Lovecraft's guiding literary principle was what he termed "cosmicism" or "cosmic horror", the idea that life is incomprehensible to human minds and that the universe is fundamentally alien. Those who genuinely reason, like his protagonists, gamble with sanity. As early as the 1940s, Lovecraft's work had developed a cult following for his Cthulhu Mythos, a series of loosely interconnected fiction featuring a pantheon of humanity-nullifying entities, as well as the Necronomicon, a fictional grimoire of magical rites and forbidden lore. His works were deeply pessimistic and cynical, challenging the values of the Enlightenment, Romanticism, Humanism and Christianity. Lovecraft's protagonists usually achieve the antithesis of traditional gnosis and mysticism by momentarily glimpsing the horror of ultimate reality and the abyss.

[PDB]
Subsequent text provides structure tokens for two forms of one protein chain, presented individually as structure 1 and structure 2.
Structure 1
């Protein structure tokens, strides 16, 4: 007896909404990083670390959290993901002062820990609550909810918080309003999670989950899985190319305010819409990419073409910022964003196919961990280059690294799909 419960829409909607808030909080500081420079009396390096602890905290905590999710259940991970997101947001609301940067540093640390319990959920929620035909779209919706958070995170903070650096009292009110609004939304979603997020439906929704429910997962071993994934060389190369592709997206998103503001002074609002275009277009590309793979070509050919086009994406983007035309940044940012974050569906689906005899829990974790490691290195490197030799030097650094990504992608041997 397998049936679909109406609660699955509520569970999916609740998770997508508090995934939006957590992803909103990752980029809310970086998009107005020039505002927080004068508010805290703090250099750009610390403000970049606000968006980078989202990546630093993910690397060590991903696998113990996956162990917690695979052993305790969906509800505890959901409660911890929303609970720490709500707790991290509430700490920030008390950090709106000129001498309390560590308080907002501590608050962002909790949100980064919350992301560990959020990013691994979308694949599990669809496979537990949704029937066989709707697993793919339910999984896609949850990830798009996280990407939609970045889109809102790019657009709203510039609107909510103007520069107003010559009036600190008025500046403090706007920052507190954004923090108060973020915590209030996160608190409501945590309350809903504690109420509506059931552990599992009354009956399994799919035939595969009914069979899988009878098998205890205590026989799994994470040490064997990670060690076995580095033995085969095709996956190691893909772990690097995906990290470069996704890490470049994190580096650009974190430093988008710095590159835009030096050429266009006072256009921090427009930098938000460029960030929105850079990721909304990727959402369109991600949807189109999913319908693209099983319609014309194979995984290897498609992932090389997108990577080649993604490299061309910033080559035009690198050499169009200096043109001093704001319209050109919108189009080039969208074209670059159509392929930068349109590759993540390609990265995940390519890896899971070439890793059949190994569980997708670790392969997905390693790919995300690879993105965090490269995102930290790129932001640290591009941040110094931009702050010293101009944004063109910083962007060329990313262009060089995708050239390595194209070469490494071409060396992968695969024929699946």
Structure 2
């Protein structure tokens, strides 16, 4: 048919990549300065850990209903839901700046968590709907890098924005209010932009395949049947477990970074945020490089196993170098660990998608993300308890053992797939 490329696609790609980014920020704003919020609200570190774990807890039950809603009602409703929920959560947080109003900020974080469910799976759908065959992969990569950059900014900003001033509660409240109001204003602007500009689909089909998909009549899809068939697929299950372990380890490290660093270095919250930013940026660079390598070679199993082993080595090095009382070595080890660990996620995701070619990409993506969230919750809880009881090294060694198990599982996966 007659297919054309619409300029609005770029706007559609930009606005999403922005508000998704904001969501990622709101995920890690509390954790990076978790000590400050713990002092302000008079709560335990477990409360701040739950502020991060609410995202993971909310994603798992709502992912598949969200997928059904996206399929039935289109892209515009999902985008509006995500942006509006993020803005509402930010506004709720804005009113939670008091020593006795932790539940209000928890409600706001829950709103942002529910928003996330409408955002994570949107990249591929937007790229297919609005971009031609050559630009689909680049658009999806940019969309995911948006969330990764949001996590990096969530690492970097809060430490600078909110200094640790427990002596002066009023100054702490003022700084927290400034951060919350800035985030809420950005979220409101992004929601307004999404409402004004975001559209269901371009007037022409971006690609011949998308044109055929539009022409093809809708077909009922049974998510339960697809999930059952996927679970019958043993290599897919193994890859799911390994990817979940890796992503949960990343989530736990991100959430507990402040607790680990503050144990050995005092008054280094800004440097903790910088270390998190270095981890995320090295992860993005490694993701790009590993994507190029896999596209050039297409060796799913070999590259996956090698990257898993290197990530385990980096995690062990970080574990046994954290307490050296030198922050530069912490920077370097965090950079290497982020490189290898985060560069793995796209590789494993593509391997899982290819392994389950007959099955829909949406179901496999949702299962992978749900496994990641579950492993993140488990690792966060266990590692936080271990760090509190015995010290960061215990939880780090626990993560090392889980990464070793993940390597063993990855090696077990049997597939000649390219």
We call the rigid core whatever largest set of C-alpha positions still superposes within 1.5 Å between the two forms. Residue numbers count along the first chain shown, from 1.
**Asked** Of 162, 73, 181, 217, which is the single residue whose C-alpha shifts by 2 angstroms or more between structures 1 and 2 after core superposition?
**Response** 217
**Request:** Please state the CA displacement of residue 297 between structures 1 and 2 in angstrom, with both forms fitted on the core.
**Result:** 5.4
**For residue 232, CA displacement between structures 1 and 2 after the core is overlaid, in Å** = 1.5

Although Lovecraft's readership was limited during his life, his reputation has grown over the decades, and he is now regarded as one of the most influential horror writers of the 20th century. According to Joyce Carol Oates, Lovecraft — as with Edgar Allan Poe in the 19th century — has exerted "an incalculable influence on succeeding generations of writers of horror fiction". Stephen King called Lovecraft "the twentieth century's greatest practitioner of the classic horror tale." King has even made it clear in his semi-autobiographical non-fiction book Danse Macabre that Lovecraft was responsible for his own fascination with horror and the macabre, and was the single largest figure to influence his fiction writing.
Lovecraft's themes and ideas have had a profound effect on culture and literature in general, and have embedded themselves into the foundation that is used for horror associated with the strange.